Even before that committee meeting, on April 16, Senator Clinton wrote a letter to U.S. Department of Agriculture (USDA) Secretary Mike Johanns, asking “that you provide us (a bipartisan group of senators) with an expedited report on the immediate steps that the Department is and will be taking to determine the causes of CCD, and to develop appropriate countermeasures for this serious disorder. In particular, we ask for a specific explanation of how the Department plans to utilize its existing resources and capabilities, including its four Agricultural Research Service honeybee research labs, and to work with other public and private sector enterprises in combating CCD.” These are fine questions indeed. (28)

Hype or understatement?

Bees are finely tuned machines, much more robot-like than your average species. They operate pretty much like the Borg of Star Trek fame. A honey bee cannot exist as an individual, and this is why some biologists speak of them as super-organisms. They are sensitive barometers of environmental pollution, quite useful for monitoring pesticide, radionuclide, and heavy metal contamination. They respond to a vide variety of pollutants by dying or markedly changing their behavior. Honeybees’ stores of pollen and honey are ideal for measuring contamination levels. Some pesticides are exceptionally harmful to honey bees, killing individuals before they can return to the hive. (18)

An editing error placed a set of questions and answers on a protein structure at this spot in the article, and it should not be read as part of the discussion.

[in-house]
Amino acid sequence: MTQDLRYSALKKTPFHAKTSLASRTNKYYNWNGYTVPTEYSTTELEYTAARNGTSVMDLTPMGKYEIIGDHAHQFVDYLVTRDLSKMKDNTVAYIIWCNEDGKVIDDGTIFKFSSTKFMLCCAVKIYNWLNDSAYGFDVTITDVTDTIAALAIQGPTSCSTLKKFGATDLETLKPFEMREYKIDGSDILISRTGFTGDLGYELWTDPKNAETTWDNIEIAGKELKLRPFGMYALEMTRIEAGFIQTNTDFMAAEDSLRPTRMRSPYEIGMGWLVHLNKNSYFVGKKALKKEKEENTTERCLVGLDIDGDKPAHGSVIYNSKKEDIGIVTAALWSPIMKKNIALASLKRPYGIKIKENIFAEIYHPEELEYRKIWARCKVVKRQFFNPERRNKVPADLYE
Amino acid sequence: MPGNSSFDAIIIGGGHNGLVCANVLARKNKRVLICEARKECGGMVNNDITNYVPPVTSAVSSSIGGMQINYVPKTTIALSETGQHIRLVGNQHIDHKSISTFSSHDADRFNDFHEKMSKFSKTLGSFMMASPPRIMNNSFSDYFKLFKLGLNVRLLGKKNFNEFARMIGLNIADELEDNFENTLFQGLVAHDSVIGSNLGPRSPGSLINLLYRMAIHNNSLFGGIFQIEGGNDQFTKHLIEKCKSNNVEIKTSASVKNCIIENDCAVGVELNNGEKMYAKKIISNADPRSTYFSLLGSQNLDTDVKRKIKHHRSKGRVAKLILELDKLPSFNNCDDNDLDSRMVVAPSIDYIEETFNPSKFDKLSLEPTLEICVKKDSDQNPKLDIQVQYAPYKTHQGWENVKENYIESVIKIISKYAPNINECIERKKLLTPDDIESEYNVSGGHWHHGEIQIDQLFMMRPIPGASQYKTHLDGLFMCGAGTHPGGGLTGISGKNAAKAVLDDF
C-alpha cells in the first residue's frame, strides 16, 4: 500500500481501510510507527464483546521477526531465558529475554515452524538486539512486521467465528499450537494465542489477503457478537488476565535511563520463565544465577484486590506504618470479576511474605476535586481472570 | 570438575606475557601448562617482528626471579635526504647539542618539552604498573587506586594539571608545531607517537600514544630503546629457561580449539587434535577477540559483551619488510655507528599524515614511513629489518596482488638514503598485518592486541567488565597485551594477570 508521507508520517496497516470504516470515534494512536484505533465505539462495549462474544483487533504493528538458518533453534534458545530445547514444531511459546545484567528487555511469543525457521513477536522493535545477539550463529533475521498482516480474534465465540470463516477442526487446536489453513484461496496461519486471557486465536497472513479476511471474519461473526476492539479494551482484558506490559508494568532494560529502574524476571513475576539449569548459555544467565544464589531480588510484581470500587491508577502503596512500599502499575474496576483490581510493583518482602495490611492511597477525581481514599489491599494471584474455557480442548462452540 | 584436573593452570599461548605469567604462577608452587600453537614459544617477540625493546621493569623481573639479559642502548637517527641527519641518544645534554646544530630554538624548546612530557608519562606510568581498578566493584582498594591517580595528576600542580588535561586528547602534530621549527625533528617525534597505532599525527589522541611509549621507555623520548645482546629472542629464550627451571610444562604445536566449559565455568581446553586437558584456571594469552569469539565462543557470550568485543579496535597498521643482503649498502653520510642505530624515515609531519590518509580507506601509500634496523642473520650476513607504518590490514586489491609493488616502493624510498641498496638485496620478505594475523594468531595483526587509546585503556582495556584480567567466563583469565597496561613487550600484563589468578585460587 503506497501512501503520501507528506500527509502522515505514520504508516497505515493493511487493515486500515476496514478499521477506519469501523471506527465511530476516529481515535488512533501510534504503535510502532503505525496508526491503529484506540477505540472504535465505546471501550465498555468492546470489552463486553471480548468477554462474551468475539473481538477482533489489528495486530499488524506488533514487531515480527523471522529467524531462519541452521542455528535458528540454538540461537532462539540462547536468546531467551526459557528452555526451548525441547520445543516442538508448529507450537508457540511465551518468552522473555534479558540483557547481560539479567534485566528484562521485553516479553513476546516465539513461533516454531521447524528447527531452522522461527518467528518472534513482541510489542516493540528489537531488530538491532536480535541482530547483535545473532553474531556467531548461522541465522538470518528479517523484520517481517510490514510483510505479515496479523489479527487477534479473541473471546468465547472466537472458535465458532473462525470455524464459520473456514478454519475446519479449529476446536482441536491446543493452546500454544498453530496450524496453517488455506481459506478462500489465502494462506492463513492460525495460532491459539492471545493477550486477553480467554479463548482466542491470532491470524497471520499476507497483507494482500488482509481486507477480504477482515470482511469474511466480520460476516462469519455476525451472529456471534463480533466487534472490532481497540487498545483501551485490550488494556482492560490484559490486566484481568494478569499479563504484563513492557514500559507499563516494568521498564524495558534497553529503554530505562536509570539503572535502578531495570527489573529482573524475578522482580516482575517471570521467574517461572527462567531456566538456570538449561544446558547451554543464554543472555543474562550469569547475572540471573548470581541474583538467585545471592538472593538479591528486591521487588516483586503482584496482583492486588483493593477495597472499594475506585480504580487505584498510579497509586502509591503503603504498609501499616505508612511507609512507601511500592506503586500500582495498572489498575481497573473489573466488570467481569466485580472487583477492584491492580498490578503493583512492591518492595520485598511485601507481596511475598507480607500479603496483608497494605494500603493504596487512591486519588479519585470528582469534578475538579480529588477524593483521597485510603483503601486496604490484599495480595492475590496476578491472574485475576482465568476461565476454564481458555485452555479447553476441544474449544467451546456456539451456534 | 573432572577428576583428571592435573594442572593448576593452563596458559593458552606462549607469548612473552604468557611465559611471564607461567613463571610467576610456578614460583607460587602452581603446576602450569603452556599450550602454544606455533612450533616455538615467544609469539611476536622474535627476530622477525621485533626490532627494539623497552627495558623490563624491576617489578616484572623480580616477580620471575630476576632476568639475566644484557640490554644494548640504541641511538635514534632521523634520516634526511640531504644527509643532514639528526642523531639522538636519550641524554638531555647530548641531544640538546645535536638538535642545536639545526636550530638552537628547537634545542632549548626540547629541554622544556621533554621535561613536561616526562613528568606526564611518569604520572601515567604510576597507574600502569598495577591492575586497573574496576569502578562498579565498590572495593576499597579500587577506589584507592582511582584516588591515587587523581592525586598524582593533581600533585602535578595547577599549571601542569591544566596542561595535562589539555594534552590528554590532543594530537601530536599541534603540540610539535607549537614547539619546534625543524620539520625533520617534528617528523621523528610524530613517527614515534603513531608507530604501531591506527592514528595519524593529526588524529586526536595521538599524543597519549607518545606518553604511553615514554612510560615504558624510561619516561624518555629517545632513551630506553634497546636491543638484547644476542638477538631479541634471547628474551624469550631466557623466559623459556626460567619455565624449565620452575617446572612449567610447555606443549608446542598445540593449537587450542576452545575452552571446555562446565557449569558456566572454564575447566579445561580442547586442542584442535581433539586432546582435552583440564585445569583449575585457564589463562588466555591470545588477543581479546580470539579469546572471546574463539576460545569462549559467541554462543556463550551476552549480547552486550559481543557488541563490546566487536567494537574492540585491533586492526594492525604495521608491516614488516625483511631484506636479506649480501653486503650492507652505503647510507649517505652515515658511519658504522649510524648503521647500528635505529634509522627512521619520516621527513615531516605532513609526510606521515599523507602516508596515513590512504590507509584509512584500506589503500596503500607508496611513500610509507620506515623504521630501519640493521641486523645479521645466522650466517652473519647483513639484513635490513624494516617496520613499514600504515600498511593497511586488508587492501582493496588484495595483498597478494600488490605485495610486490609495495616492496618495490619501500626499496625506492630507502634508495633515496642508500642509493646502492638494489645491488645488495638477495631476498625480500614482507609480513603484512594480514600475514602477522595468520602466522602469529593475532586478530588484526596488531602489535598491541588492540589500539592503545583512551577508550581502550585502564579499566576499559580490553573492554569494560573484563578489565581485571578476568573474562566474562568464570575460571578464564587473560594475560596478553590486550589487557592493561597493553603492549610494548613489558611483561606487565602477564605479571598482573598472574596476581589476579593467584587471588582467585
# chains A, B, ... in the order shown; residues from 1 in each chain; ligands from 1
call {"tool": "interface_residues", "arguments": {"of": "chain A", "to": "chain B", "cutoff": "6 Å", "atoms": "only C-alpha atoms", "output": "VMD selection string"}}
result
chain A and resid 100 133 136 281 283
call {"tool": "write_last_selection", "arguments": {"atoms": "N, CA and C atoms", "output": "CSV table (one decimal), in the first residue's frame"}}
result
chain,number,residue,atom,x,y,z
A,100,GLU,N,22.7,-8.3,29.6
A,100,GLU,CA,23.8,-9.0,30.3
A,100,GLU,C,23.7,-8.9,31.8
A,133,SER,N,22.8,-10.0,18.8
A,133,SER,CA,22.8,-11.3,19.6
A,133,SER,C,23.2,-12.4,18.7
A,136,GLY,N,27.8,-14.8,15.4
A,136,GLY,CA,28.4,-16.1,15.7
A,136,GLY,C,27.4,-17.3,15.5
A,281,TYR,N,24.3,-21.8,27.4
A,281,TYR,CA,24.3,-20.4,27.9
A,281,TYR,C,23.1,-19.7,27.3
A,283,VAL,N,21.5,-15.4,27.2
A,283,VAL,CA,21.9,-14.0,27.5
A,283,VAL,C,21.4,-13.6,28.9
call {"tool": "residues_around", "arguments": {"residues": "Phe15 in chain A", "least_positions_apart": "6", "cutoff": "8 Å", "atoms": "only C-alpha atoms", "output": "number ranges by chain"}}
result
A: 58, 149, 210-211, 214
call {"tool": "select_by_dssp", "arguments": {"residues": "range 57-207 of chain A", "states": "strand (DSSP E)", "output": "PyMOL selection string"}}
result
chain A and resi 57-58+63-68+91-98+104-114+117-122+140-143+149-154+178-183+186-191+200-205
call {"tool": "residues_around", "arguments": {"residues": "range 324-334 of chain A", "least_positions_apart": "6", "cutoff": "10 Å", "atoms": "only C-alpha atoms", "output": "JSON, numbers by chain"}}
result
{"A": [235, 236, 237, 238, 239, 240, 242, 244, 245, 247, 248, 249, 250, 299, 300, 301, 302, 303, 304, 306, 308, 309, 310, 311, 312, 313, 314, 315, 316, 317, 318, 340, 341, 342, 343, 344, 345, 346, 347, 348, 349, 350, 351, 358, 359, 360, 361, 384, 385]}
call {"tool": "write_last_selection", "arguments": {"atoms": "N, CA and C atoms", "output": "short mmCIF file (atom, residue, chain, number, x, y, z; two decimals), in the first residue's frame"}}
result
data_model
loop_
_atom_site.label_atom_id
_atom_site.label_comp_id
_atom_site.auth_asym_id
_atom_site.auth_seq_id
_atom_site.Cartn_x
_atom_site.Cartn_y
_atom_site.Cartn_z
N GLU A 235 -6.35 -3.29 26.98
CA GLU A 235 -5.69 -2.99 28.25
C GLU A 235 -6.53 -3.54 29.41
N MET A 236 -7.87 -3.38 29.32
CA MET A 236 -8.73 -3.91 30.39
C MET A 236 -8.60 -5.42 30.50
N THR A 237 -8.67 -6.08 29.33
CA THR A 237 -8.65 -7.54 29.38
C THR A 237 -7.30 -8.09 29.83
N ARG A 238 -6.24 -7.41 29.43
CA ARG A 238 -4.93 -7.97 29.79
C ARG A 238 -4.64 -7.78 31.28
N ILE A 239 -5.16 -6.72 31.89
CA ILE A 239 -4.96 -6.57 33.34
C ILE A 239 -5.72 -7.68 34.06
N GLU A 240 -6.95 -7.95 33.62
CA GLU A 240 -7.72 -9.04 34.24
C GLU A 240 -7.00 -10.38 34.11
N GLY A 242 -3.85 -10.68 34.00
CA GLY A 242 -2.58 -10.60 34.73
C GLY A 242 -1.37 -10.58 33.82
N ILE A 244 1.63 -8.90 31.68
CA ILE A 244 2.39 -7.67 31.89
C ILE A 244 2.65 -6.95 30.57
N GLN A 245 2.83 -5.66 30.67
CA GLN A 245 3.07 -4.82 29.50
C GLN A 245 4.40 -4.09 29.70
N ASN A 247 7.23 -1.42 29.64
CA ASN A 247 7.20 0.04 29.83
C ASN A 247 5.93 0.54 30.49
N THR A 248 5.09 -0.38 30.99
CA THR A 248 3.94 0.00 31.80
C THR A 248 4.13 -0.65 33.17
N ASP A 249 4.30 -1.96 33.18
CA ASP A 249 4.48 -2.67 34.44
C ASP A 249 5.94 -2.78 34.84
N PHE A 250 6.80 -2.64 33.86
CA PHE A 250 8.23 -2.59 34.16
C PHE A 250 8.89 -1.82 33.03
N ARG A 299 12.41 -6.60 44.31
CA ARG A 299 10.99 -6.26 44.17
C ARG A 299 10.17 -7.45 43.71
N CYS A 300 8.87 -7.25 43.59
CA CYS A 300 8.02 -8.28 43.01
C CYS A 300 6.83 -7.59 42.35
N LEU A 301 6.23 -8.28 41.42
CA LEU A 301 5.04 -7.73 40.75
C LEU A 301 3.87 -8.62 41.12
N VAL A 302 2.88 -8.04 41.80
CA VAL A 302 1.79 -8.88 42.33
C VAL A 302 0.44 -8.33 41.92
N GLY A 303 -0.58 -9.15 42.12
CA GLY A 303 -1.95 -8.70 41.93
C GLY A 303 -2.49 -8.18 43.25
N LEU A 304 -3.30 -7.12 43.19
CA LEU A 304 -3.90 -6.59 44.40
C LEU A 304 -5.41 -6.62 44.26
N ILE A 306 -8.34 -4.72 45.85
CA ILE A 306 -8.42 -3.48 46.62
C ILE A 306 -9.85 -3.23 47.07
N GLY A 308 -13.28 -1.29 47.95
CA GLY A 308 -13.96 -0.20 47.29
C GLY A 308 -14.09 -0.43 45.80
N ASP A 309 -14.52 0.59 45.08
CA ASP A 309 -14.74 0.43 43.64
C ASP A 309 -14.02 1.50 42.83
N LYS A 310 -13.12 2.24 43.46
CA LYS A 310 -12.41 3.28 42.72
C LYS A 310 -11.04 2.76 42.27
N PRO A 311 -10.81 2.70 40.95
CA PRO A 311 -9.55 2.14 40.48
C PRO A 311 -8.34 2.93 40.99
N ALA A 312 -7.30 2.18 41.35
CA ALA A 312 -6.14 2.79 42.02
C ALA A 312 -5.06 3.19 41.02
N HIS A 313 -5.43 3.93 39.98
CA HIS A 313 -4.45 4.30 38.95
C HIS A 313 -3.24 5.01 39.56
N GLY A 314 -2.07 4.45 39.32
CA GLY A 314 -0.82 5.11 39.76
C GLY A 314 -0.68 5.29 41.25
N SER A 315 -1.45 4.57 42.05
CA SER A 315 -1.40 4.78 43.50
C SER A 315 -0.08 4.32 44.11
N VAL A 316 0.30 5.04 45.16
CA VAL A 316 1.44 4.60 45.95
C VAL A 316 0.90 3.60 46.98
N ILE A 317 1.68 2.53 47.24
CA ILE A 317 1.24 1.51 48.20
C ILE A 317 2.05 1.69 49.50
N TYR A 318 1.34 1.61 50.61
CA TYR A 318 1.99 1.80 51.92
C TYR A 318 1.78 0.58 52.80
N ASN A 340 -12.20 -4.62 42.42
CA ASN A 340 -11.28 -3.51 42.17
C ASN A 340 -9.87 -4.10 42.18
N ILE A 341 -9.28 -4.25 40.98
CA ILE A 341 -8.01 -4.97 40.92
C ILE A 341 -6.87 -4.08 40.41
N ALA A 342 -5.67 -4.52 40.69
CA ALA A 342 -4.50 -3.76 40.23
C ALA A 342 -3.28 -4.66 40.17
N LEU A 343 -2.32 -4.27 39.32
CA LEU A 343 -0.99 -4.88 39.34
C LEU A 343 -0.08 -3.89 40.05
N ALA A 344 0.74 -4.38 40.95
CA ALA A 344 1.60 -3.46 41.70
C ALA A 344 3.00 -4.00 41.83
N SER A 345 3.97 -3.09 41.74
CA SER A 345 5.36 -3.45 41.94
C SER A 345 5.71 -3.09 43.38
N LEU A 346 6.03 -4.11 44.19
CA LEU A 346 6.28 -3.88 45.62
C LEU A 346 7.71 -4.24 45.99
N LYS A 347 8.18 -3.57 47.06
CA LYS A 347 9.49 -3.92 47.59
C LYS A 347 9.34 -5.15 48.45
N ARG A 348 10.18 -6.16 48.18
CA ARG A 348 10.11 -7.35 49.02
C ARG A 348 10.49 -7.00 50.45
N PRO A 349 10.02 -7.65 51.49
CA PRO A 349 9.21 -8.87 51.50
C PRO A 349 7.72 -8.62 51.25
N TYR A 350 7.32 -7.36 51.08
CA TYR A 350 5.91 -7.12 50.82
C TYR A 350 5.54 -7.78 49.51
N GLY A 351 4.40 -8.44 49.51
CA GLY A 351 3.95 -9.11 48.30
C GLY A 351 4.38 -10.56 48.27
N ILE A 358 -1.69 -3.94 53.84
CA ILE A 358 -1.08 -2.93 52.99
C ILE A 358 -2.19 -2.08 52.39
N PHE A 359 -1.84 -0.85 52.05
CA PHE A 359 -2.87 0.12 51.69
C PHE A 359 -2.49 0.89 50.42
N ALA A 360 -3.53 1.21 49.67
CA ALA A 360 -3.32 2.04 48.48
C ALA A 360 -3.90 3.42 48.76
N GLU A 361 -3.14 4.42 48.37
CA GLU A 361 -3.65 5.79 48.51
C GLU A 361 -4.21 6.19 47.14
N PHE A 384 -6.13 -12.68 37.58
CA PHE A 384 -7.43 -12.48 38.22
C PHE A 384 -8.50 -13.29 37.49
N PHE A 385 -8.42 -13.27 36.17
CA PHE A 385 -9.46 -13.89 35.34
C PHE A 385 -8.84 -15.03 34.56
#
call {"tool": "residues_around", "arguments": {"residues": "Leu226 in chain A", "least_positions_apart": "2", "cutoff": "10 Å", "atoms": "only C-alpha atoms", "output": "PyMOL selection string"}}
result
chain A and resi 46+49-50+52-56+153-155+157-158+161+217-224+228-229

Not surprisingly, the use of one or more new pesticides was, and likely remains, on the short list of likely causes of CCD. But more than pesticides could potentially be harming bees. Some scientists suspect global warming. Temperature plays an integral part in determining mass behavior of bees. To mention just one temperature response, each bee acts as a drone thermostat, helping cool or warm the hive whenever it isn’t engaged in some other routine.